Congregants are not the only ones feeling relational strain during the crisis: As of mid-May 2020, one in four pastors (26%) says that their relational well-being is a part of life that they’re struggling with the most right now, second only (and, we can assume, intimately tied) to emotional well-being (31%). Pastors are also struggling with mental health and burnout during the crisis.
As of August 13-17, 2020, while half of U.S. pastors rated their mental and emotional well-being as excellent (12%) or good (38%), a significant amount noted this area of health as average (31%) or below (20%). Contrasted to earlier in the pandemic (April 7-13, 2020) and research from The State of Pastors (2016), these numbers are both sobering and concerning. How can pastors be expected to tend to their churchgoers’ relational, emotional and mental health struggles when they are wrestling challenges of their own?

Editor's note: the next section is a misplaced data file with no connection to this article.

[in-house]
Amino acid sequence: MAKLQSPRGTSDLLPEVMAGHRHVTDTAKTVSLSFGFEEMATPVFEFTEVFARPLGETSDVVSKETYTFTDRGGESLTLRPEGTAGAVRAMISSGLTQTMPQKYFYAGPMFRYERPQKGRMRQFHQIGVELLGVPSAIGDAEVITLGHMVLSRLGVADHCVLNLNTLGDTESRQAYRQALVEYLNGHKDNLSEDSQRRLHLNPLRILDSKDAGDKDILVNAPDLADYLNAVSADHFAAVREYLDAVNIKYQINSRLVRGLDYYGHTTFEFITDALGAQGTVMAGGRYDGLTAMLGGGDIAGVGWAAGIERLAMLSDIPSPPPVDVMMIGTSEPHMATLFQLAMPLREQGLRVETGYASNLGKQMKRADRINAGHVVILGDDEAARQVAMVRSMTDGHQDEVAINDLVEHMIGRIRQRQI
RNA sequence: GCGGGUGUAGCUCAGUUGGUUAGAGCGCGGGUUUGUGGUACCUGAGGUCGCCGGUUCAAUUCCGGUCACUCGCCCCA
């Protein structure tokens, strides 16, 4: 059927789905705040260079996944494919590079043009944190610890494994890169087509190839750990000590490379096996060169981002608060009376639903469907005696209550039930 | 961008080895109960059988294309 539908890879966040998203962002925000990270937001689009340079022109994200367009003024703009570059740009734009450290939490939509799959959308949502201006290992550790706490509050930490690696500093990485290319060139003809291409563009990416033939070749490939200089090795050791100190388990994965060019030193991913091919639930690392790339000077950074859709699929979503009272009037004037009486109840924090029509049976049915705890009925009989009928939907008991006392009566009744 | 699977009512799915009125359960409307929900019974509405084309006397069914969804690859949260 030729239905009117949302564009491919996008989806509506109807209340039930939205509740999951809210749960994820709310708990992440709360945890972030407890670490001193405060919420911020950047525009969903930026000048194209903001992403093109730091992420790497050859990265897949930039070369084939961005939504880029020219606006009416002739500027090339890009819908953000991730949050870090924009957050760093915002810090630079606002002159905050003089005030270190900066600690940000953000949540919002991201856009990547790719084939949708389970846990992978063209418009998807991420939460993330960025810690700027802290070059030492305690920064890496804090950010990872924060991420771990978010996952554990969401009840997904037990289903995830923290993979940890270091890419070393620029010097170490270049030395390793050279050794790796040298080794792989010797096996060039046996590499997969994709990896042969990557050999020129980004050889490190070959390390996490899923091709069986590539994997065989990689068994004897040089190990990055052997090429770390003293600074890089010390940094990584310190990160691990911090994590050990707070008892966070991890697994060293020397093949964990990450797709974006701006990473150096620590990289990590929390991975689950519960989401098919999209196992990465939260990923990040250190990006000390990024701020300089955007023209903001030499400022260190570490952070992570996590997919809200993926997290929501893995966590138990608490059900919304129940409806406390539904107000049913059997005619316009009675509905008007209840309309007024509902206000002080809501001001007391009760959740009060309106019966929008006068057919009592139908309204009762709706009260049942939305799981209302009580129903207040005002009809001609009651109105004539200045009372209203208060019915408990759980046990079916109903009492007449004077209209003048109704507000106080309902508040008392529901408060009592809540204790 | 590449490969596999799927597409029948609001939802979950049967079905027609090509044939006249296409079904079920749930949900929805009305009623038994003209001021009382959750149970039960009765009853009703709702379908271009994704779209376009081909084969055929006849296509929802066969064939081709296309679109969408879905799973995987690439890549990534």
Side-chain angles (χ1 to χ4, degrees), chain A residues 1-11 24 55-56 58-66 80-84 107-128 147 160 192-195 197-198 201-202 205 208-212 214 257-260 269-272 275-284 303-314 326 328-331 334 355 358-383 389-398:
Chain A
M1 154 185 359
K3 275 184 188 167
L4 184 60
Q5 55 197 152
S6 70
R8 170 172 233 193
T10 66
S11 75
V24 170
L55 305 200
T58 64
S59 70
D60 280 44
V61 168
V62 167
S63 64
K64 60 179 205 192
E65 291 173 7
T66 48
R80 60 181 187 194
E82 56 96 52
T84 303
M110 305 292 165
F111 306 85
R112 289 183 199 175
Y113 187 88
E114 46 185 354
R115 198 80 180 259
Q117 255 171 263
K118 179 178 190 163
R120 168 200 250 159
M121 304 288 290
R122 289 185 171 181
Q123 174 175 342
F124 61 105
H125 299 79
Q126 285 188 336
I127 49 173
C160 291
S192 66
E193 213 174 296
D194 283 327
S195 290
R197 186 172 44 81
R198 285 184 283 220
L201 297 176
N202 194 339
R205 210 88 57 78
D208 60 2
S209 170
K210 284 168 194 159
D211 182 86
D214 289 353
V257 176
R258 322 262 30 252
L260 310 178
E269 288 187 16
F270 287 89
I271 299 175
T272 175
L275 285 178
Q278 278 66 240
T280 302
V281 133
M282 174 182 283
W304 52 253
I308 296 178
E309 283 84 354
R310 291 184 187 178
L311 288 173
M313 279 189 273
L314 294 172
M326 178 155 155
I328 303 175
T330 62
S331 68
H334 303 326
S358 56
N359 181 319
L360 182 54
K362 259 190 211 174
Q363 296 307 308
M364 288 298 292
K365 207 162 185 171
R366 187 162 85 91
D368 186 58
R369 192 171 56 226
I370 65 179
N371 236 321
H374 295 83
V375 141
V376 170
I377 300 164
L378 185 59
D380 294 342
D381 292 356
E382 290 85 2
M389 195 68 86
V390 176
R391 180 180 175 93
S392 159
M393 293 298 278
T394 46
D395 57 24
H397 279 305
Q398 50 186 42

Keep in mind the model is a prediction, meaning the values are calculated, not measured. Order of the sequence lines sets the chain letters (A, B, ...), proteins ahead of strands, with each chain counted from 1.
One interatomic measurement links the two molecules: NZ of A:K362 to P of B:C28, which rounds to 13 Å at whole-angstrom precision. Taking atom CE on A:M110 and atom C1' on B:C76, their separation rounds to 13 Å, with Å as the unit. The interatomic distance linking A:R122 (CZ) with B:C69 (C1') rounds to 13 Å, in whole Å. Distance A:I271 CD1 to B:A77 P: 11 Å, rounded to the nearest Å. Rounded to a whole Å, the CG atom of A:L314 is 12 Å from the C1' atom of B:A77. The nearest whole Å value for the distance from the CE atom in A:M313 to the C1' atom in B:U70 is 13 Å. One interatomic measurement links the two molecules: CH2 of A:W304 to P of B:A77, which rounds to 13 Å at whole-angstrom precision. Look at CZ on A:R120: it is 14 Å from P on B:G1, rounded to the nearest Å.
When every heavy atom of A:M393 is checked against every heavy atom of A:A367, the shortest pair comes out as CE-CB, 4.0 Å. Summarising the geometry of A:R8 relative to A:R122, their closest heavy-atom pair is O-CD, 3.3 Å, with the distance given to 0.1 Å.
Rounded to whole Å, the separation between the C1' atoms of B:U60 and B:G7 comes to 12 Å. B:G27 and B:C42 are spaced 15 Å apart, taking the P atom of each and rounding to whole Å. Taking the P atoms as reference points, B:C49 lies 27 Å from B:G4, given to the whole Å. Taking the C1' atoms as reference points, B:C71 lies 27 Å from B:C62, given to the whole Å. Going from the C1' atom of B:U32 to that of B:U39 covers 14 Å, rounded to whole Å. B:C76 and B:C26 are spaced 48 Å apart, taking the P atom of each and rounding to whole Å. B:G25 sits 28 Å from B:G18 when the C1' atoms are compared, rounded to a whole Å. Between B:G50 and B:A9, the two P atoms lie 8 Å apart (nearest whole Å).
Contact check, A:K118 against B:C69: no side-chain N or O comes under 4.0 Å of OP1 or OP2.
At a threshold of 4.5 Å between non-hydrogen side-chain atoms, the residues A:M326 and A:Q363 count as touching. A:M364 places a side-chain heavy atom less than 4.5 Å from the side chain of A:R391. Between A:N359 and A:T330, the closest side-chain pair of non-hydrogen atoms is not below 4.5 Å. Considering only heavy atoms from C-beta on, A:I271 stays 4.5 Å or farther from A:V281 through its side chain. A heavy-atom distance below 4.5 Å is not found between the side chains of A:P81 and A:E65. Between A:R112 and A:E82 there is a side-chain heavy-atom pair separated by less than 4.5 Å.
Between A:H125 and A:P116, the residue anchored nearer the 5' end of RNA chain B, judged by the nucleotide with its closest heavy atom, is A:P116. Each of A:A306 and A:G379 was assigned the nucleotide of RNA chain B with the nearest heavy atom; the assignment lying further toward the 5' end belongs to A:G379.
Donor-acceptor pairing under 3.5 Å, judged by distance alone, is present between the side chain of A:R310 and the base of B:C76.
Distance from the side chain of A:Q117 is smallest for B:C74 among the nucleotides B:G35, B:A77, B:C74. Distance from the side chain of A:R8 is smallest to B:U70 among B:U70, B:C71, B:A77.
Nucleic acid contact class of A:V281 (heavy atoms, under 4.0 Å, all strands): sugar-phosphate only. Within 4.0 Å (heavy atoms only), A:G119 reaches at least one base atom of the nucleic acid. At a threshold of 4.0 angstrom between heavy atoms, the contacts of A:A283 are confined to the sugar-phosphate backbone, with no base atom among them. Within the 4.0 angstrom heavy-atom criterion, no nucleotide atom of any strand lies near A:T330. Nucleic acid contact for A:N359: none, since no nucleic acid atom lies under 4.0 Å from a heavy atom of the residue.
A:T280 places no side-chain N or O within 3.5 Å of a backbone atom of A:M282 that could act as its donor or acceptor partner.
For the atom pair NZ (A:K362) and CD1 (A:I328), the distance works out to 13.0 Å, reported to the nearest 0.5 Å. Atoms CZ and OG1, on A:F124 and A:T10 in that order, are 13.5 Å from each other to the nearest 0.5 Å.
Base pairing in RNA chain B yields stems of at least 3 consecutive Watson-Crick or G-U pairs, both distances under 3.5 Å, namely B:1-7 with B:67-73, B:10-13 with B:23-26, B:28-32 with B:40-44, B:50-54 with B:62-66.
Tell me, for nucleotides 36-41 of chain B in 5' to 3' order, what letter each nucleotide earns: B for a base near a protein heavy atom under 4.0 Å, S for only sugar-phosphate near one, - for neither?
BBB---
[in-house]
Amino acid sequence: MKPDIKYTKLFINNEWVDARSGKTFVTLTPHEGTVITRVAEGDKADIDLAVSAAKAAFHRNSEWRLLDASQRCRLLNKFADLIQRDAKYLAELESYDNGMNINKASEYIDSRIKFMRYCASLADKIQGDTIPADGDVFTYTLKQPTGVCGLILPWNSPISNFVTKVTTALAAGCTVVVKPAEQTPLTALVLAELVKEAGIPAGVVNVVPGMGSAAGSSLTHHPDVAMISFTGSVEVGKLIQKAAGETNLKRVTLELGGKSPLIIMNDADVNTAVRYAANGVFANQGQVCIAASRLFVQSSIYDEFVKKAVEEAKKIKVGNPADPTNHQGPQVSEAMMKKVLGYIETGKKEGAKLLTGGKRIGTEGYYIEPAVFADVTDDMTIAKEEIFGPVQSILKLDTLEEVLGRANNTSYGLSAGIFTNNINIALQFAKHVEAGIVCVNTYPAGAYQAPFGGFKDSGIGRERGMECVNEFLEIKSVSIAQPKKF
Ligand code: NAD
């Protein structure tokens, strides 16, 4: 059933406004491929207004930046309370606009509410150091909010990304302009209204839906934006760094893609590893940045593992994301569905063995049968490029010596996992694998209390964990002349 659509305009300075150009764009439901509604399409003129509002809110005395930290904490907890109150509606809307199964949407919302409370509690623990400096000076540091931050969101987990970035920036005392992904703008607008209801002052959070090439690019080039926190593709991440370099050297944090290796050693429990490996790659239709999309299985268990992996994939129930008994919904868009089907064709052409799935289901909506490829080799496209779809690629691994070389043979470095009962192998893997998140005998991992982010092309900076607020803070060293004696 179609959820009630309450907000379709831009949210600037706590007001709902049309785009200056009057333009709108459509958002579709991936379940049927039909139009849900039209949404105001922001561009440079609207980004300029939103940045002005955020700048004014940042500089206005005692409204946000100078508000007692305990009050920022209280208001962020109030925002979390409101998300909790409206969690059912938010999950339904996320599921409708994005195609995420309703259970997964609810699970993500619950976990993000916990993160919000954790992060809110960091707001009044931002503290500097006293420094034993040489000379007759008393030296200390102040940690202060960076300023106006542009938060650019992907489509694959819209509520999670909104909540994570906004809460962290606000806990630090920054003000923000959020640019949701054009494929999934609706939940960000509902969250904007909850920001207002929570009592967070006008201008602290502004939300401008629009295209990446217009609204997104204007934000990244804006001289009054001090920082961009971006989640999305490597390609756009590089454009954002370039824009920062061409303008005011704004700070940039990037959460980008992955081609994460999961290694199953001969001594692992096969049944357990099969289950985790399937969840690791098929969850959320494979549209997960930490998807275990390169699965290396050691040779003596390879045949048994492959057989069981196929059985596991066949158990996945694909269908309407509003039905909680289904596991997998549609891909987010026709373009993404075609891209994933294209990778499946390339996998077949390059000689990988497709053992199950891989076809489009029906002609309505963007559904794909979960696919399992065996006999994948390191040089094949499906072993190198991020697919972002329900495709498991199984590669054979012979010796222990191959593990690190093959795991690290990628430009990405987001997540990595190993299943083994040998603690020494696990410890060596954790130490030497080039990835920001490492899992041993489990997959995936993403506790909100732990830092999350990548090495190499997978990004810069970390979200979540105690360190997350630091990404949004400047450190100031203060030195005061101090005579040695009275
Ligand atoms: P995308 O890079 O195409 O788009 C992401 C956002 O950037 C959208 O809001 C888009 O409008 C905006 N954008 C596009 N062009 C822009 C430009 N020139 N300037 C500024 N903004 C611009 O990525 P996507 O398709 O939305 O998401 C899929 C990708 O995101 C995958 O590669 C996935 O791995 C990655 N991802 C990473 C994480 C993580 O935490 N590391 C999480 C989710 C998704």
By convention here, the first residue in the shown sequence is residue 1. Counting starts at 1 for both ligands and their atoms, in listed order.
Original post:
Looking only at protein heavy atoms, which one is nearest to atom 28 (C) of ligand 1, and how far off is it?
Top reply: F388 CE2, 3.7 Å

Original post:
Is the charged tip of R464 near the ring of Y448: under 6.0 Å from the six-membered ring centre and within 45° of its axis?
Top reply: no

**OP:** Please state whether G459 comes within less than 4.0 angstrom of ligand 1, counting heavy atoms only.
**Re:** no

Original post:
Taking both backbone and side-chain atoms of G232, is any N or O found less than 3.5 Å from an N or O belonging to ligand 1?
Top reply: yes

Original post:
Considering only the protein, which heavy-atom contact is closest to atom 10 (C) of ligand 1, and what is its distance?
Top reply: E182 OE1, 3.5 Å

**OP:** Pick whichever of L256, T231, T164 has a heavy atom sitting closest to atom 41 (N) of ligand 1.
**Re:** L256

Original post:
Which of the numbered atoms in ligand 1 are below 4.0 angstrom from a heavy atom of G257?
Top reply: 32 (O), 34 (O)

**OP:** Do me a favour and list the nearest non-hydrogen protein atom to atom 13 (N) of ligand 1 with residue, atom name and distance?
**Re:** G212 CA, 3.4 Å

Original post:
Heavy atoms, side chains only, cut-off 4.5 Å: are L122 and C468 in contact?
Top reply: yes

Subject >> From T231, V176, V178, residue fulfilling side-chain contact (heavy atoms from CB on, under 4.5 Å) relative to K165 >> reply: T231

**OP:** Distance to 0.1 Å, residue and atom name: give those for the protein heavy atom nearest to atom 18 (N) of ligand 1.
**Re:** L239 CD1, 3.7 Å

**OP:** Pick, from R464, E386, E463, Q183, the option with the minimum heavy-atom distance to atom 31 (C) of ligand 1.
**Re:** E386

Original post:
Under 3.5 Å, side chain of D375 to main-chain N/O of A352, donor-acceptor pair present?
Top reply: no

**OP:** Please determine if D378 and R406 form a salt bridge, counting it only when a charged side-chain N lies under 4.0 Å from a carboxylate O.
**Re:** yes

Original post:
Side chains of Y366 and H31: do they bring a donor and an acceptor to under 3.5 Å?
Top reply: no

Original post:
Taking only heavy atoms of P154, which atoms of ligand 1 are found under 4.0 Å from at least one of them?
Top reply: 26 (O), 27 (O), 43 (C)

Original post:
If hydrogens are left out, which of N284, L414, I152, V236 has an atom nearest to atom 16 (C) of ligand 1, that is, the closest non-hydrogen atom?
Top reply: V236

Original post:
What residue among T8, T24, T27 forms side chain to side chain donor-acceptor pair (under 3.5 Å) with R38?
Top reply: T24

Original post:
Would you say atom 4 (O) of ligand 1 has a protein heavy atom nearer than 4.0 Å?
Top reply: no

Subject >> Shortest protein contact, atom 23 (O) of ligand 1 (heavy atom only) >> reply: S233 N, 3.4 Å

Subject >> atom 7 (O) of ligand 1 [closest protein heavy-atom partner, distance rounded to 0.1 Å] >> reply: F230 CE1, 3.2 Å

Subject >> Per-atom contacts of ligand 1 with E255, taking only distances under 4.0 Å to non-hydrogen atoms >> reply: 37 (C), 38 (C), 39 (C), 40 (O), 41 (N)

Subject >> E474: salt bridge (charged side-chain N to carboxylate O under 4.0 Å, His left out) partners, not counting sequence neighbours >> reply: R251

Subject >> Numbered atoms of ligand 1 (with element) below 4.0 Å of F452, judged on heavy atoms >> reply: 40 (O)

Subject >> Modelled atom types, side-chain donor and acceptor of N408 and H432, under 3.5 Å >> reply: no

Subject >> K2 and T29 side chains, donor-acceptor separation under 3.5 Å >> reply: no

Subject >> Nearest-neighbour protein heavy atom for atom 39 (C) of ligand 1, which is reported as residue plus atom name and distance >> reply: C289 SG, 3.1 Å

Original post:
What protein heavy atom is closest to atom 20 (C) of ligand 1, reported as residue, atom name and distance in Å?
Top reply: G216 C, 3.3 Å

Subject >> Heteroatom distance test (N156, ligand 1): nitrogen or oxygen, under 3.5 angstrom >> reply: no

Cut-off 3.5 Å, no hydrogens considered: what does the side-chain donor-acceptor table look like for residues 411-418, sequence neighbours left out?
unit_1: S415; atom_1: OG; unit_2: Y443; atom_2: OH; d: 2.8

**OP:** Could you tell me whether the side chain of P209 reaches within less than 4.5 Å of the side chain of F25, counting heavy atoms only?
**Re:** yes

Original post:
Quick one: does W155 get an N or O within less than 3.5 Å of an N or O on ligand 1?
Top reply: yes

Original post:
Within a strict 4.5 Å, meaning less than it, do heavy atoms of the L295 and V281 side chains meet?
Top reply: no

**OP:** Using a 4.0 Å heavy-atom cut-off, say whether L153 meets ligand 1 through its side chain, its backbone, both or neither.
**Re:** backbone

When you’re feeling a strain on your mental or emotional well-being, what steps do you take to address that tension? Do you adequately balance the care of your soul with your care for your congregants?
In a time of social distancing, technology has become the solution for many churches to stay connected to their people. Has relying on digital, rather than physical, interactions had a negative impact your well-being? If so, what steps can you take to limit tech use during the week to allow for moments of media-free rest?
If pastoral burnout is something you’re facing (either now or in the future), what steps does your church have in place to allow you time to seek rest and rejuvenation? If these steps aren’t already lined up, what can you and your staff do to ensure this is possible?
Your congregants and team likely turn to you for support, guidance, prayer and more. Who do you turn to (perhaps a spouse, close friend, confidante, spiritual mentor or counselor) when you are facing crisis?
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About the Research